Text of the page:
Many thanks for your strong endorsement of an income-based tax policy for the county. The only issue I would take with the column is that the policy is “imaginative.”
Actually, the concept has been with us for decades, and was nearly put in place by then County Executive Tom Suozzi, but was cynically blocked by Legislator Craig Johnson at that time.
The results of that wrong turn have been ruinous for the county.
Nassau County’s last elected Assessor, Harvey Levinson, was in favor of an even more dramatic policy change: replacing the entire school tax portion of the property tax with an income tax (The Need For A Transparent Assessment System, Newsday Opinion, January 2, 2014.)
It is hard to overstate the damage the current system has done to the county both as a community and its fiscal condition.
The young were blocked from moving in, and the old, after decades of paying hundreds of thousands into the system, were effectively banished and evicted from their own communities due to the suffocating costs.
The ever-expanding costs of schools made tax challenges an easy shell game, playing havoc with county finances and forcing the bonding of millions to cover the costs of the refunds, a self-inflicted burden future county executives will be dealing with for many years to come.
Most galling was the fact that the amount you could afford for a home also determined the quality of education your children received.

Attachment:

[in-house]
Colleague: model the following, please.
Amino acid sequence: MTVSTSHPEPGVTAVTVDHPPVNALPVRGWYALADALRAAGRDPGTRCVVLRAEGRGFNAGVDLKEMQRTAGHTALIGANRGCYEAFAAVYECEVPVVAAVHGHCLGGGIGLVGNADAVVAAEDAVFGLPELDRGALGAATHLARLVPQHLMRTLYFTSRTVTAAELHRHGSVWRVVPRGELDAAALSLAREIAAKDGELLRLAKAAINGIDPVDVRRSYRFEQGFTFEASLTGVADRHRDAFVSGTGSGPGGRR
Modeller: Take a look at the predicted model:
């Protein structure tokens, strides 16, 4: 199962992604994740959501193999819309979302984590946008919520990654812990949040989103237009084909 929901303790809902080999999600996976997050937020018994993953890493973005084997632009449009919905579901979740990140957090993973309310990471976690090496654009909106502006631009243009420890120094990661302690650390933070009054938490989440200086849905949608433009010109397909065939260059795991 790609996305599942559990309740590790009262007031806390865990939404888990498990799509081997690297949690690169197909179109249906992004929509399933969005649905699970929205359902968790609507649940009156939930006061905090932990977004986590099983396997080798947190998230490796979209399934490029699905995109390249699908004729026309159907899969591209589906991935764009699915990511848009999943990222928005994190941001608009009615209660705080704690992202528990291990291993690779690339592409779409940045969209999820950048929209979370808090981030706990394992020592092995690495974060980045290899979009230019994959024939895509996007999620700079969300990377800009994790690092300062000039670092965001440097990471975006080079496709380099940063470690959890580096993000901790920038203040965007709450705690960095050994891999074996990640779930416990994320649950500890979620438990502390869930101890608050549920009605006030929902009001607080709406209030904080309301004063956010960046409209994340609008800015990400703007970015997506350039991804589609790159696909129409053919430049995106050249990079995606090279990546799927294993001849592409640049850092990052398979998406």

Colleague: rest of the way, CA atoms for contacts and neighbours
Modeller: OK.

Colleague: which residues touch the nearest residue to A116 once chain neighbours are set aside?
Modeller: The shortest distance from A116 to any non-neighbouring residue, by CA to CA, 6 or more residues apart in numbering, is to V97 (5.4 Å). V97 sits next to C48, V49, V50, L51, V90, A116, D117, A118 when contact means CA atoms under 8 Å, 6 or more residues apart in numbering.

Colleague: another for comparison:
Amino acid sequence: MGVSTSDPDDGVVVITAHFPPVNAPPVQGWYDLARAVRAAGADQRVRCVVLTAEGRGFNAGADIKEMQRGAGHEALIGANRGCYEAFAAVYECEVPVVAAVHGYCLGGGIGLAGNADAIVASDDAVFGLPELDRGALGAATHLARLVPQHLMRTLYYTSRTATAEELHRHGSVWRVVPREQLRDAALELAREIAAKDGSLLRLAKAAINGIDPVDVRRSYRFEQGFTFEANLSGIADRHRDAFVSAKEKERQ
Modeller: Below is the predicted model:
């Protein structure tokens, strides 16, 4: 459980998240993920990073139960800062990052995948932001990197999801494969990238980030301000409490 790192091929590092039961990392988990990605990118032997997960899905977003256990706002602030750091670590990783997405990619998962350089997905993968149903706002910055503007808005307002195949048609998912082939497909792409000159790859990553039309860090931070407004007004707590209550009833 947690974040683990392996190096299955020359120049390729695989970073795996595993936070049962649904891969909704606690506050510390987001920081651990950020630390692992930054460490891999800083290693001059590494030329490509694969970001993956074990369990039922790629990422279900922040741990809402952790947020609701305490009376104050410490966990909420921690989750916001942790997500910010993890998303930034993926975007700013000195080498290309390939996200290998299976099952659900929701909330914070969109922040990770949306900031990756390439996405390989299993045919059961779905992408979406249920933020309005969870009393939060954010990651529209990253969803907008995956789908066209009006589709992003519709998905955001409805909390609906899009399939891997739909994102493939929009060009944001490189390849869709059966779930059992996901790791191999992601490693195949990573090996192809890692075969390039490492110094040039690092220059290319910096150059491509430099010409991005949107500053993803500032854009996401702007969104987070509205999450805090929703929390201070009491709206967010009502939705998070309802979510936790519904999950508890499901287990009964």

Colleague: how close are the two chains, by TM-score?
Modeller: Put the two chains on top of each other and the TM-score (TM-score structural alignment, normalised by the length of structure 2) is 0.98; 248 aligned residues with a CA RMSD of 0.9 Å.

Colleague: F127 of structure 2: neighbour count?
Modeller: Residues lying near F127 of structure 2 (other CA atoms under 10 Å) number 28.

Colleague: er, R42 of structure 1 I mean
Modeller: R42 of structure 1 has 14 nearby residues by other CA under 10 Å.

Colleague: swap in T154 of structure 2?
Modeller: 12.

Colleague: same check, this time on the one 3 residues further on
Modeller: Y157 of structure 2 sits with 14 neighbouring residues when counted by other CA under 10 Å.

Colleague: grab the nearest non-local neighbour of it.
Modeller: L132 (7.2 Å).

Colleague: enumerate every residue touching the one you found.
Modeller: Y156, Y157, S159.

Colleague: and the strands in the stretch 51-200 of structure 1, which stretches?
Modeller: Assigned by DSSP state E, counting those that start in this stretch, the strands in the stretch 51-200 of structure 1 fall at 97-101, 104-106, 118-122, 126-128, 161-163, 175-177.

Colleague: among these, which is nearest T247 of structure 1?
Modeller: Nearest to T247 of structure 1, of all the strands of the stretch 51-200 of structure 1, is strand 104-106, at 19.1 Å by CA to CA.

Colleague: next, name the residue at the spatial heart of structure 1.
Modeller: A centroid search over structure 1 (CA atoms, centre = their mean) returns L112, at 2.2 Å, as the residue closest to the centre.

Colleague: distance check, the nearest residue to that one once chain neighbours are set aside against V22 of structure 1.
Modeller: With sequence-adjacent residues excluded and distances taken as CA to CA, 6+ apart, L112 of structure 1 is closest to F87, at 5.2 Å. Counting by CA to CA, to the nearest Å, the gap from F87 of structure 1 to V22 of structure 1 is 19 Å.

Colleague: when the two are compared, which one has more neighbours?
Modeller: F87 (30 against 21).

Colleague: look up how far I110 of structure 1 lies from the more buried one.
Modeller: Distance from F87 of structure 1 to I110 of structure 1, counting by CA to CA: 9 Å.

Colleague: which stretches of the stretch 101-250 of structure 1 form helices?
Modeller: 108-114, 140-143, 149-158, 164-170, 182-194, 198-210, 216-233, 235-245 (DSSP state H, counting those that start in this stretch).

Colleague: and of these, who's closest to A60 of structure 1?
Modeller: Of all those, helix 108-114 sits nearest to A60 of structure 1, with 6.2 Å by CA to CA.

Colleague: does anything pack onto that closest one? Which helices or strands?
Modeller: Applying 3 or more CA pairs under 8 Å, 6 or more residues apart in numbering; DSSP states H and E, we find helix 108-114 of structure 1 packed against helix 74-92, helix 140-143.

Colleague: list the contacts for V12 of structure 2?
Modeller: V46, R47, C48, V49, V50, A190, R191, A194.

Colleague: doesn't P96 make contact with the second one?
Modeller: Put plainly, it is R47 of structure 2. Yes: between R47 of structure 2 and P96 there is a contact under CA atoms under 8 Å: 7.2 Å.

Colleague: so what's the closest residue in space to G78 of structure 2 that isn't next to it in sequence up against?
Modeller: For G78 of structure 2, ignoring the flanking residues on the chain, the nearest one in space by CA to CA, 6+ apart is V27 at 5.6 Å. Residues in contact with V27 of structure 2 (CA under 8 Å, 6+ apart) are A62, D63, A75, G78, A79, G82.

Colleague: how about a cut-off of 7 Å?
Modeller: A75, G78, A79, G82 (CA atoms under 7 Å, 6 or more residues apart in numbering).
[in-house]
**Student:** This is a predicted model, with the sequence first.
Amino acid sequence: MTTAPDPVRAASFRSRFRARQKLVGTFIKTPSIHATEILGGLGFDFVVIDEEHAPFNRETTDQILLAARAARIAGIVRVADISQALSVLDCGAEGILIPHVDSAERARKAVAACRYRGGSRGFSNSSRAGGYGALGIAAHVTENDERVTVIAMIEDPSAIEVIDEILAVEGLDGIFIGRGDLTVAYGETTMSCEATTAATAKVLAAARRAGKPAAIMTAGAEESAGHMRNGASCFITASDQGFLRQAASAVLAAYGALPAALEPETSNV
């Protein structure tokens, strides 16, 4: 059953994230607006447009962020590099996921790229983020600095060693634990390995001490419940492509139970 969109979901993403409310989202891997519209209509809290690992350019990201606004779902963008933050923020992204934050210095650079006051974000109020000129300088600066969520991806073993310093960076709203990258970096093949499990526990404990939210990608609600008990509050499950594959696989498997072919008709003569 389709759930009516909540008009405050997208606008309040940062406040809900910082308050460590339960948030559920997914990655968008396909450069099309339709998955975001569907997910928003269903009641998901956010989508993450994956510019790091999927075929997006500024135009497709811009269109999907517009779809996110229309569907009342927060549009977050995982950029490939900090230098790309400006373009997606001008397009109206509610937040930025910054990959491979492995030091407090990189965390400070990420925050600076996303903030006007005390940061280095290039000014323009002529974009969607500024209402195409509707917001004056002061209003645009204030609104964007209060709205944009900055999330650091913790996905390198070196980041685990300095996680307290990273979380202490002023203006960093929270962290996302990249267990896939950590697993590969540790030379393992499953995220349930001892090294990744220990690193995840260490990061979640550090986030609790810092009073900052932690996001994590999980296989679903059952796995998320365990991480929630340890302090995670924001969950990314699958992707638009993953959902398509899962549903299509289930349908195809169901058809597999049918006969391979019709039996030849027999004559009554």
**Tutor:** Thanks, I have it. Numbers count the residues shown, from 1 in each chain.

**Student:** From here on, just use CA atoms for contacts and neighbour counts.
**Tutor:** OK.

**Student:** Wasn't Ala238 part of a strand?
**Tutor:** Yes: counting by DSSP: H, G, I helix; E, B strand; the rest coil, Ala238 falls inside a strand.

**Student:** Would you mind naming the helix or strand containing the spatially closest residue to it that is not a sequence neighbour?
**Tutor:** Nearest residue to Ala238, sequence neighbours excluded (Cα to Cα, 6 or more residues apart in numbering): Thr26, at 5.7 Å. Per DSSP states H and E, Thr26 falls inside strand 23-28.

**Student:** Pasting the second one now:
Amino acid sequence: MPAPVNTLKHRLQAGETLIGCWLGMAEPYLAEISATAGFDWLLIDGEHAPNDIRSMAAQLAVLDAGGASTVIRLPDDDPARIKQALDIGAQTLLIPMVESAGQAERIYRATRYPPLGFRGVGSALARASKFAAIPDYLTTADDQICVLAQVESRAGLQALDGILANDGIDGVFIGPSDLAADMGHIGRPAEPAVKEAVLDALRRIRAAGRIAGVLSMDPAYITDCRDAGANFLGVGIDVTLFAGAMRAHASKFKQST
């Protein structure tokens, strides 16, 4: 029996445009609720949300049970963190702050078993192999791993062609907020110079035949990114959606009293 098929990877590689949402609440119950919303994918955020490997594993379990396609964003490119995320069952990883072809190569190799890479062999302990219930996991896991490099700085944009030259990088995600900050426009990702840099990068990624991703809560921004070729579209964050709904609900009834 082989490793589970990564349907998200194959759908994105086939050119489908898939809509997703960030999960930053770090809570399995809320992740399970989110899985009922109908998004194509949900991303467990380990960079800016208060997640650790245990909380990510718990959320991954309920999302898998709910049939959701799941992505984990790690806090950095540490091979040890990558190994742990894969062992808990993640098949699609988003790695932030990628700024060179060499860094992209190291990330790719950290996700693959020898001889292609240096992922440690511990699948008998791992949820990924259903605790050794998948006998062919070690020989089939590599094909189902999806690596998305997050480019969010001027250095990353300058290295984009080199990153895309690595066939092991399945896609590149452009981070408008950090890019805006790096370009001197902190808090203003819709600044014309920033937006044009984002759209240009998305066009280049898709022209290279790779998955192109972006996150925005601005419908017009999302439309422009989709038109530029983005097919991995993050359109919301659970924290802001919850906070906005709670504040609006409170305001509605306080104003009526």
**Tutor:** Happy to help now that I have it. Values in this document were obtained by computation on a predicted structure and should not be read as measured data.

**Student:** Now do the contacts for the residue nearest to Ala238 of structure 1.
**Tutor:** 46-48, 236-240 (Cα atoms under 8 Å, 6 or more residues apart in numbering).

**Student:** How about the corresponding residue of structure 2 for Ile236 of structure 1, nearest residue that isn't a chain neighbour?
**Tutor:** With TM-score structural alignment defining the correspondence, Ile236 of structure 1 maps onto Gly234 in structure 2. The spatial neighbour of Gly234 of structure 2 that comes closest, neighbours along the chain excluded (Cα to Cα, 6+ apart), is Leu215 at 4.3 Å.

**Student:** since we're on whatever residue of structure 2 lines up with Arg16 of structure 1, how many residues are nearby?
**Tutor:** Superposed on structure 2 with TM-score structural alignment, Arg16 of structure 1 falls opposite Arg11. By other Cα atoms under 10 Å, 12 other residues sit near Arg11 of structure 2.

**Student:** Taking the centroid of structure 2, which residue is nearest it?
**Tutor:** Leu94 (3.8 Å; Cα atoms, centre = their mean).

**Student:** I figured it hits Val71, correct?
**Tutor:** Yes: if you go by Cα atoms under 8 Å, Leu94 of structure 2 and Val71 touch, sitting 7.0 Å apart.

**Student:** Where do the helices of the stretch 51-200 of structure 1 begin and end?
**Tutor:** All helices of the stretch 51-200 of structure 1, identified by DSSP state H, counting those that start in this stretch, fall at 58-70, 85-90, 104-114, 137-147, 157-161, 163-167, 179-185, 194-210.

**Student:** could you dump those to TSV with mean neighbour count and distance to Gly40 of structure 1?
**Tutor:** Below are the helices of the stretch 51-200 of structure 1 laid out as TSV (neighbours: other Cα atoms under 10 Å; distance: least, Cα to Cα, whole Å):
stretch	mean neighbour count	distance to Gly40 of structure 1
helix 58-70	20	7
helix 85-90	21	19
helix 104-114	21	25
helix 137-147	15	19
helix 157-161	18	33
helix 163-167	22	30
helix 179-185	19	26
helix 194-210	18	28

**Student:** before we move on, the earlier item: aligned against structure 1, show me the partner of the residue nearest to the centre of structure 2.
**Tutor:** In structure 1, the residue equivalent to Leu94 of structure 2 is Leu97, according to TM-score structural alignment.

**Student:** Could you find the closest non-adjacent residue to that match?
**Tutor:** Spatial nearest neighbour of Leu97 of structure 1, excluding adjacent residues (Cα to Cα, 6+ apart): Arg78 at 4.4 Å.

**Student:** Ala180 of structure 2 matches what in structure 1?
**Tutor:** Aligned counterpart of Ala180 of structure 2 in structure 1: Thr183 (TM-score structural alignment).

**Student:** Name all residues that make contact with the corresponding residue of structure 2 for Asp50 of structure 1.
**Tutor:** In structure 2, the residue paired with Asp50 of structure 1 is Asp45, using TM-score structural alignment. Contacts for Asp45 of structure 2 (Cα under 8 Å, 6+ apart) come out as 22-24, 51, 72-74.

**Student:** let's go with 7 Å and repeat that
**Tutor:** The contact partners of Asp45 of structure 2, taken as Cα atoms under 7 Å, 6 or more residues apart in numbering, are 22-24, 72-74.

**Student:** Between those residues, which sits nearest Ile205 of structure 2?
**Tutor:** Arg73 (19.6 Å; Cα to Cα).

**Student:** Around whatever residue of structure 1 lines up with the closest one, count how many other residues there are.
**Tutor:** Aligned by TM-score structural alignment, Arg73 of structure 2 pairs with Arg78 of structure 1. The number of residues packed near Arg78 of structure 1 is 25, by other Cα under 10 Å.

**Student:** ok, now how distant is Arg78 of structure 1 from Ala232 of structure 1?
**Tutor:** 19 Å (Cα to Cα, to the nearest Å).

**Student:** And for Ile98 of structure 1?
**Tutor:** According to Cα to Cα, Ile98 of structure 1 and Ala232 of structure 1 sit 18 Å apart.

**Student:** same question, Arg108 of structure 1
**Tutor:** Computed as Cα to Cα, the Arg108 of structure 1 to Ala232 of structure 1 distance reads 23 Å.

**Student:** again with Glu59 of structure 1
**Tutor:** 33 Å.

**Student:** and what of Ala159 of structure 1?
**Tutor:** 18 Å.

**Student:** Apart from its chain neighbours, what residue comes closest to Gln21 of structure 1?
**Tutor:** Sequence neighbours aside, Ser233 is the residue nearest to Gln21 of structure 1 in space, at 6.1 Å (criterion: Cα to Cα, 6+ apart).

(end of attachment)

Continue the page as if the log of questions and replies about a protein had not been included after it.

It is hard to imagine a more socially regressive policy, and remarkably, the most self-proclaimed “progressives” in our county had no problem enforcing this structure of economic Bantustans.
Replacing assessment with an income tax eliminates these harmful inputs at a stroke.
We could also go further, if we had the political courage.
We also need to “de-content” certain components from the property tax system.
First, there is the matter of the property owner’s contribution to the New York State Teacher’s Retirement System.
This is an anachronism from a past age that should be done away with.
It is manifestly unjust for struggling families to fund even a part of a teacher’s or superintendent’s retirement package, while they can barely fund their own nest egg.
The economic calculus has changed, and the policy needs to change with it to reflect that. It will be hard from a political standpoint to achieve this. it doesn’t make the policy any less regressive.
Going even further, and maybe not so far off as we think, is the adoption of a single-payer health insurance system where each citizen is responsible for their own coverage.
Just think: If the health insurance input is removed from the cost structure of property taxes, for both public and private employees, New York becomes instantly competitive, and no longer has to ask taxpayers to subsidize tax breaks to get companies to locate or remain here.
We are the only nation on earth that adds health insurance to the cost of its production and services. This too is destructive to our prosperity.
I do hope this idea gains momentum and I would urge every voter in Nassau County to press their representatives to see this through. We came close once. We can put this over with enough support.